John Muir


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the big knife in his coat pocket and the bloody head in his hands. He has all along shown himself a keen killer or sportsman, taking the life of anything eatable, however will supplied with more becoming food. A bad shot, however, hitting ducks at a dist[ance] of 15 aces about once in five or six times. Guns were always wet, three or four caps snapped to every shot. Poor bungling Indians as well as Mr. Y[oung]. I said that he looked in coming into camp more butcher than minister-follower of the Prince of Peace, which he did not like. It seems strange to me that the path of a minister of the gospel of universal peace should be thus bloody. No thought whatever has he shown of the pain he causes his earth-born companions and fellow-mortals. A wounded duck fleeing for its life, perchance escaping to die a lingering death with mortifying limb is not for a moment to be weighed against the possibility of the pleasure after plucking and bleeding and gutting of a mouthful or two of meat while already overfed. One of the shot ducks continued to flap after it was thrown into the boat, when Sitka John finished in the minister’s job of killing by taking its head in his mouth and crushing in its skull with a savage craunch. He is the most savage of our Indians and has a bad face – such a man with his own people roused and whetted with a beginning of blood would be fiercer than a hungry tiger. Just as we were passing the S lip of the Port Houghton Bay we heard a shout and saw smoke in a side bay, and in a few minutes moer saw a canoe putting towards us making the water fly with their paddles. In about an hour they overtook us, an Indian with his {Sketch: View of 3 gls. Flowing into Sitideka, looking North, nearly}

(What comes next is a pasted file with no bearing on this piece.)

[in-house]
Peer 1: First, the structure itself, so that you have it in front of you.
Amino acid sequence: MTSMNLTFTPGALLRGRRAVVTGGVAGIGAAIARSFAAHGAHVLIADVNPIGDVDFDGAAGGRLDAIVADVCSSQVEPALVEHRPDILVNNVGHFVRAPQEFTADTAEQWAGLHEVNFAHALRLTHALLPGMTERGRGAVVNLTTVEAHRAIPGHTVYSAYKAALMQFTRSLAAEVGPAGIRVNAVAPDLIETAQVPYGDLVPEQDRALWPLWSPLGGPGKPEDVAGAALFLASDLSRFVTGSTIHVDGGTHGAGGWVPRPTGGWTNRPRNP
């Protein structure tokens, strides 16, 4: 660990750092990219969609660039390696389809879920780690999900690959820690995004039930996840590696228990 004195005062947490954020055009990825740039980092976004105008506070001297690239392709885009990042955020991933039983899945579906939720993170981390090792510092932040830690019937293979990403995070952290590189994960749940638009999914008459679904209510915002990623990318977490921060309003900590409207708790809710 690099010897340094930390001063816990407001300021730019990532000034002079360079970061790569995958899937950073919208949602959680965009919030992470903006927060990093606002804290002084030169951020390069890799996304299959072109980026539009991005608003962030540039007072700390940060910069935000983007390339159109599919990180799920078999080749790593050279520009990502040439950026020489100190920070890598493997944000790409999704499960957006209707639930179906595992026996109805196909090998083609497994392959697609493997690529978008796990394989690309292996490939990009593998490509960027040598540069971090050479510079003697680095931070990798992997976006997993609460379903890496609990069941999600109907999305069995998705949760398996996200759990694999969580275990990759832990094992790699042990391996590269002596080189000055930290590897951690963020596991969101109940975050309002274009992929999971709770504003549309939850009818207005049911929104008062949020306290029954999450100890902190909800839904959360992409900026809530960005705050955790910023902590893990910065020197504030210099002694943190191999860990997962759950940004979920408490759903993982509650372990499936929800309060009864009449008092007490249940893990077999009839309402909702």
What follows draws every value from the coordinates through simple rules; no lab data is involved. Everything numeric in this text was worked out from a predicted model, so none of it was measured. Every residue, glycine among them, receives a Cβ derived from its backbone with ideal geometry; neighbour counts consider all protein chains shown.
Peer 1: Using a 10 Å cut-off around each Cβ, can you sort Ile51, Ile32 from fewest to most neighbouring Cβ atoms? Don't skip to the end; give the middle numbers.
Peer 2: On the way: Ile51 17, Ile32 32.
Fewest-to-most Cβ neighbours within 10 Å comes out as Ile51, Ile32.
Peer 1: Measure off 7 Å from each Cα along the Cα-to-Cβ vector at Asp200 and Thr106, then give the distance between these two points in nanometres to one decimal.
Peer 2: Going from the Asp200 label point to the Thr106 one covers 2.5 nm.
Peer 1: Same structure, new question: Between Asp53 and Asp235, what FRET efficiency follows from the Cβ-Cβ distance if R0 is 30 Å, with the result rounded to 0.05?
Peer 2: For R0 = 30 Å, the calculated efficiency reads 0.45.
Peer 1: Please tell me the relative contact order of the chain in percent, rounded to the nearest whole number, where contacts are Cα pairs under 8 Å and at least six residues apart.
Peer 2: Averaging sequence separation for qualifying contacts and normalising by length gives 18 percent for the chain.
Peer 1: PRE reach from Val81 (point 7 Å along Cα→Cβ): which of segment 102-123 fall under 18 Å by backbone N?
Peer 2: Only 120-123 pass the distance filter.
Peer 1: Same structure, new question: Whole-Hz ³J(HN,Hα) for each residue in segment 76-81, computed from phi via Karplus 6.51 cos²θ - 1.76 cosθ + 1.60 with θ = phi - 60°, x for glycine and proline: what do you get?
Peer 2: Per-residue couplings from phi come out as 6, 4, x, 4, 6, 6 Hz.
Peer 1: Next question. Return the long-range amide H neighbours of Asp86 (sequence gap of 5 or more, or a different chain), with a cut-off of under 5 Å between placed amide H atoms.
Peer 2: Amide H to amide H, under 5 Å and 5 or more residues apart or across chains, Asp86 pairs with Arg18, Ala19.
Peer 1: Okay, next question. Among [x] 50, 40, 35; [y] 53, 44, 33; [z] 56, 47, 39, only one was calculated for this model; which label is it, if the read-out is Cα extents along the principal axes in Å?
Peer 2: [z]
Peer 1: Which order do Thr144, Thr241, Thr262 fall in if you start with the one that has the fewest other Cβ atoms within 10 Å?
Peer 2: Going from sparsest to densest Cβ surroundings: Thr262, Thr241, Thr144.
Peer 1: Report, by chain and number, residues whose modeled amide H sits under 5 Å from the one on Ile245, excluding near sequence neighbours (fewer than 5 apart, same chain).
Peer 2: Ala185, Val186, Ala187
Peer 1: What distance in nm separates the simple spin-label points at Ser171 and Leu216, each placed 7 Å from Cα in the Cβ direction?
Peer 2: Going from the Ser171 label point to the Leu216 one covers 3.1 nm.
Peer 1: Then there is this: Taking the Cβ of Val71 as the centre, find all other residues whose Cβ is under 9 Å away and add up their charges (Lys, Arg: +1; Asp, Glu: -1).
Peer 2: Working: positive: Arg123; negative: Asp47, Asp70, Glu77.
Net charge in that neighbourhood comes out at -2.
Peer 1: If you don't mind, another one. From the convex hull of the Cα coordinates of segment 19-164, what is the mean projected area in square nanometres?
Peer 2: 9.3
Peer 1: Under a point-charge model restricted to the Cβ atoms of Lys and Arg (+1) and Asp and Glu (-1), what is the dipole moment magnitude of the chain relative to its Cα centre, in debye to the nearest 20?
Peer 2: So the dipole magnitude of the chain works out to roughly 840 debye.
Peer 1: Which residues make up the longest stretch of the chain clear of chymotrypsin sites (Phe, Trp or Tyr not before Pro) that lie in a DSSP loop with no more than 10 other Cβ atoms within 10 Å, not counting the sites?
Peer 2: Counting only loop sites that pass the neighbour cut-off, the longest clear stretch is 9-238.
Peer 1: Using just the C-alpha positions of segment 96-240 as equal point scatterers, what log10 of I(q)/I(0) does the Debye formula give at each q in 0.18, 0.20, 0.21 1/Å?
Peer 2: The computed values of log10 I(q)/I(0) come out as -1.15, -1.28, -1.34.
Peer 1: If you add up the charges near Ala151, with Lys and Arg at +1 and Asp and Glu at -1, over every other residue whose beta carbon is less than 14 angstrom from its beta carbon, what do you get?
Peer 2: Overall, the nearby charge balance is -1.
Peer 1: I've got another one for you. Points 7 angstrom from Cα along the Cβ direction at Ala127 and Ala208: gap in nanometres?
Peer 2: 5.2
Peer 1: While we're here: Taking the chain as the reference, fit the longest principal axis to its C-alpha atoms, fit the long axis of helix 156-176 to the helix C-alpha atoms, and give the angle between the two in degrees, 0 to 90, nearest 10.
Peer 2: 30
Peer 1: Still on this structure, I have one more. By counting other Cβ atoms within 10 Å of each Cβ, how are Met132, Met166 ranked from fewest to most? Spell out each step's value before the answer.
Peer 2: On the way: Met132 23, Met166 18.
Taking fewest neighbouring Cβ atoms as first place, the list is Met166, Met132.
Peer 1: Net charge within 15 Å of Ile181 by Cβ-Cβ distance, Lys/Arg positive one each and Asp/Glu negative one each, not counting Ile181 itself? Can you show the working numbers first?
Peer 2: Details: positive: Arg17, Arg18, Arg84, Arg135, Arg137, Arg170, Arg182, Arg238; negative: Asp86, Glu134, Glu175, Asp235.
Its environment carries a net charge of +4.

Date Original



Original journal dimensions: 11.5 x 18 cm.

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Holt-Atherton Special Collections, University of the Pacific Library

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John Muir, journals, drawings, writings, travel, journaling, naturalist